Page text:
Saturday, September 5, 2015

Poor Feller!

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It’s late on a hot, summer Saturday afternoon, and I hear my neighbor mowing his lawn. He’s a relatively new neighbor. He, and the woman I assume to be his wife, apparently paid the nearly half-million dollars for the big house across the road, and the 11 acres that go with it. Frankly, I’m glad to have someone in it, since it sat empty most of the time since the original owner built it. Empty houses invite trouble. The owner’s druggie daughter lived in it a while, but that was little consolation.

These folks look my age or older, and seem quite concerned with the appearance of the place. In fact, I think this is at least the third time THIS WEEK that he’s mowed his yard. Somehow, that strikes me as just a bit obsessive. My wife thinks he’s trying to send me a message, since my lawn is (literally) a couple feet high in spots. Actually, about 40 feet around our house has been mowed for safety reasons, but you can’t tell it from the road.

I think he’s seen my lawn get mowed one time, about the time they moved in a couple months or so ago. Since that time, the weather has been insufferably hot, and I’ve been under the weather. It will get mowed soon, but I’m waiting for a cool afternoon or evening when I’m feeling up to the task. Until then, the crab grass, broom sedge and “greasy grass” will continue to put on their last summer spurt of growth, hoping to seed out before I mow again. They’ll probably make it.

I’ve never been big on following schedules for mowing my lawn. Twenty years ago, one of the deacons at my church made the comment about how pretty my lawn was, “when it was mowed.” I’ve never much worried about my influence on local property values, either. A neighbor, who used to live about a quarter mile down the road, tried for five years to get me to buy a new truck. I KNOW it was because he felt that the old clunker sitting in my driveway made his place less valuable. He finally gave up and moved to another county. Maybe this guy will, too.

Don’t get me wrong, I really like it when my lawn is freshly mowed. I just refuse to go crazy when things prevent me from doing for it. This is only the third time in my life that it’s looked this bad, and it will soon be taken care of, so it’s not like it’s a constant thing.

Still, I sort of feel sorry for the guy across the street. My place really DOES have an effect on the appearance of his place, though I don’t wish it so. Still, I think the man may be possessed—three times in one week isn’t normal in ANY sense of the word. Perhaps if I can get my place mowed this weekend, he’ll get a little rest.


ADDENDUM – My wife made the comment that, once upon a time, the neighbors would ask, SINCERELY, if there was a problem they could help me with. In those days, they would have helped repair my mower, or would have mowed my yard for me until I was on my feet again, or dealt with WHATEVER the problem was. Few neighbors help anymore in this area. Of course, I couldn’t let them, even if they offered, since I have no home-owner’s insurance to cover liability. The times, they are a’changin.’ © 2015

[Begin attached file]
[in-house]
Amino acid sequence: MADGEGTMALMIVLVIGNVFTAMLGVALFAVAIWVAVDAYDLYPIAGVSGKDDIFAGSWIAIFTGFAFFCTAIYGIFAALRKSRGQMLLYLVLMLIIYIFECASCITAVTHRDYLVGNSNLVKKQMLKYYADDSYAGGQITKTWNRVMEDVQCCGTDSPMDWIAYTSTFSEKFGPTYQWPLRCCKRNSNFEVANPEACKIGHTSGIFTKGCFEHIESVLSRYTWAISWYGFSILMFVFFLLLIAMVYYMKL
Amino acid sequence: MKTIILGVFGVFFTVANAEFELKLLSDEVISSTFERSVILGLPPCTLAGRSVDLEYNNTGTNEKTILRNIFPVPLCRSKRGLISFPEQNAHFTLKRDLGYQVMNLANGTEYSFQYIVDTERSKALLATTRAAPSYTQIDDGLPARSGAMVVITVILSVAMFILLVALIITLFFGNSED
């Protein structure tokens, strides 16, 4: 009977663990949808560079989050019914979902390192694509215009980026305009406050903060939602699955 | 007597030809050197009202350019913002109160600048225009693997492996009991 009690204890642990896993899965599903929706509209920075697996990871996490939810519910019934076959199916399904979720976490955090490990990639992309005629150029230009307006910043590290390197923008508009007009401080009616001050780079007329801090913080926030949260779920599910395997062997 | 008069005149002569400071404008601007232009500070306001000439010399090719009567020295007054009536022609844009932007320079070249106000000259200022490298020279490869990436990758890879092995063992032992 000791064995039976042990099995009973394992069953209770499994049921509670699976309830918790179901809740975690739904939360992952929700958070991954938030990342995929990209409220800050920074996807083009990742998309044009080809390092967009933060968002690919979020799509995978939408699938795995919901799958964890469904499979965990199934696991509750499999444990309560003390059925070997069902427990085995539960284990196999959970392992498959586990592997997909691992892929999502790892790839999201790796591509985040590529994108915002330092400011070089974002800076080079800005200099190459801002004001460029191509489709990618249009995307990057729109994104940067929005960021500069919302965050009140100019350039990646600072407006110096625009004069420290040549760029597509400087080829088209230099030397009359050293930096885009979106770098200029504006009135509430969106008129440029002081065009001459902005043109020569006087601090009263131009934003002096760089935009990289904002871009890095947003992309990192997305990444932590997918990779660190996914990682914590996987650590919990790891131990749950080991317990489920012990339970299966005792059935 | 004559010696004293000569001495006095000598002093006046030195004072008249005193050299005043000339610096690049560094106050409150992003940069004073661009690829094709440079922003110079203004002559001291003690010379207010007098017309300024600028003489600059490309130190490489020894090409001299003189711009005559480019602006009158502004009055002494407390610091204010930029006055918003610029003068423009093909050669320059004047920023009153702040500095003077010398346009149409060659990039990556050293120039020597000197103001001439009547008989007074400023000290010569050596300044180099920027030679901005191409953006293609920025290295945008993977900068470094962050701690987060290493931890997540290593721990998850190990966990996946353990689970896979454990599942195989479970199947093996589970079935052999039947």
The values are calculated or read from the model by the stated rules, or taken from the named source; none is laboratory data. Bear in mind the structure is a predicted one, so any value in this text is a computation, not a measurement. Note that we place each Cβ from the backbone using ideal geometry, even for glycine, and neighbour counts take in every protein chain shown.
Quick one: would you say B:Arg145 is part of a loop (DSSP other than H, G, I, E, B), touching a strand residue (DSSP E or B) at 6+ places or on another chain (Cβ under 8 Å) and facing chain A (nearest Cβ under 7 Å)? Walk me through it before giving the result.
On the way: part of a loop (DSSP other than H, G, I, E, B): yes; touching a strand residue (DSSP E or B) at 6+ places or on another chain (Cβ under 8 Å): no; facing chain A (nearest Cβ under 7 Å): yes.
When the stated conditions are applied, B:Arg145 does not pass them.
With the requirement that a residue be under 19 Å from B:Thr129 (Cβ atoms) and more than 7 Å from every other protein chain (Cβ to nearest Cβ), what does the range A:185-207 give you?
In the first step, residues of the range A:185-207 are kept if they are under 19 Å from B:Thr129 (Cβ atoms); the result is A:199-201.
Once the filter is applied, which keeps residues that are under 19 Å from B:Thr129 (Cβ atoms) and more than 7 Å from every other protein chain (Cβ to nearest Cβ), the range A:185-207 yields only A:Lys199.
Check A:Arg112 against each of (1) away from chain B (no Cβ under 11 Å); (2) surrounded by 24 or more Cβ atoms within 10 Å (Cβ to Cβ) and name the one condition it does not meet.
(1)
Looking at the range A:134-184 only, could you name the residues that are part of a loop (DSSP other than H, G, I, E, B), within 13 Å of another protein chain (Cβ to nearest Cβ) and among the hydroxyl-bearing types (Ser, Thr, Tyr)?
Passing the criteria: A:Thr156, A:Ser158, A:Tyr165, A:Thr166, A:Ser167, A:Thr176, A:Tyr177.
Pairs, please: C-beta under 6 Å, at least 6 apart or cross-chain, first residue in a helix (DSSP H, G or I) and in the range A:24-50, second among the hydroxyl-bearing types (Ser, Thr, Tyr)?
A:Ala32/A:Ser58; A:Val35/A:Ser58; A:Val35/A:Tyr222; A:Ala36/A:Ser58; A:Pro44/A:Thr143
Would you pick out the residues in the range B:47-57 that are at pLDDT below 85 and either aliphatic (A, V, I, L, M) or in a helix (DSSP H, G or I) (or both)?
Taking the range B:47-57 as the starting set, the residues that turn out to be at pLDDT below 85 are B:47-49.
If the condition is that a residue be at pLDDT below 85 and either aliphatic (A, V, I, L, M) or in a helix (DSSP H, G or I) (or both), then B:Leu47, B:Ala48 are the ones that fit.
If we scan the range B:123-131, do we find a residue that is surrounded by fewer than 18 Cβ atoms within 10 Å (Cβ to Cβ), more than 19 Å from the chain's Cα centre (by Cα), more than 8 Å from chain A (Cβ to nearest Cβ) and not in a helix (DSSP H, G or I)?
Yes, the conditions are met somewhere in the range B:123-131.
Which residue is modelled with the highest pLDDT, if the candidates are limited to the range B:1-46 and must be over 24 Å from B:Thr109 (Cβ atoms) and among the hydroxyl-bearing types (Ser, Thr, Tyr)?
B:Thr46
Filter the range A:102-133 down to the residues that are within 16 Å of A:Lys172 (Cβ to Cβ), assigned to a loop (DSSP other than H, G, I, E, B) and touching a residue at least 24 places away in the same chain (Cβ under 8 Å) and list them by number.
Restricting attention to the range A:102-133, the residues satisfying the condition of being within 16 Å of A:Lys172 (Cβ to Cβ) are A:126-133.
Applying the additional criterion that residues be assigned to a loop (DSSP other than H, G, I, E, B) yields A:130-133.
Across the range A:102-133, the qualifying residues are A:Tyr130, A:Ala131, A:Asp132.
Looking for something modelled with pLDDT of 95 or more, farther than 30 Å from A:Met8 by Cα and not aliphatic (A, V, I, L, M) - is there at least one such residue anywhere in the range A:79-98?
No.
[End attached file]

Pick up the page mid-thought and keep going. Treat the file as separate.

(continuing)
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7 comments:

Vicki said...

A fellow in the next block solved that pesky lawn mowing problem. He planted every square inch in wildflowers. I think he just scattered the seeds, for there is no rhyme or reason to the planting. Actually, it is beautiful.

Ralph Goff said...

People get way too carried away with having the perfect lawn. Spending time and money on fertilizer, chemicals for weeds, fertilizer. I just cut whatever grows when it looks like it needs cutting. No matter if it is half dandelions. I enjoy riding the lawn tractor for a few hours.

deborah harvey said...

got any shepherds in the area with hungry sheep? they might love to have the forage for the flock.

Chickenmom said...

Some of the homes on our road have two acres of front lawn. The sound of lawn tractors is deafening here on the weekends.

Gorges Smythe said...

I'd probably have goats if it wasn't for the missus, Vicki.

Mine is a "natural" lawn too, Ralph. I built my house and started mowing down weeds. Gradually, the weeds turned to grass, mostly. lol

No, dh, I live in an area where agricultural interests are dying out.

I'll bet it is, Cm.

Kathy Felsted Usher said...

We cut the grass weekly or less when it's dry but the guy who used to live at the beginning of the road was very messy, lawn untended, trailers everywhere, etc. That being said, he was here before we were. We have no right to tell him how to keep his place. They have either passed on or moved to a home and the family now keeps the place mowed all the time, although I don't believe anyone lives there. The place is put together with scraps of wood, tarps, etc. It was better before it was clean, at least they lived there. I would look into seeing if your neighbors have sheep or goats. I'd really like my neighbor to bring their goats up to clean up my poison ivy areas and brush that is hard to keep down since it's not level.

Gorges Smythe said...

Cooler weather should be here soon, and I'll be able to tidy up the place, Kathy. I'm sure the neighbors will be happy. lol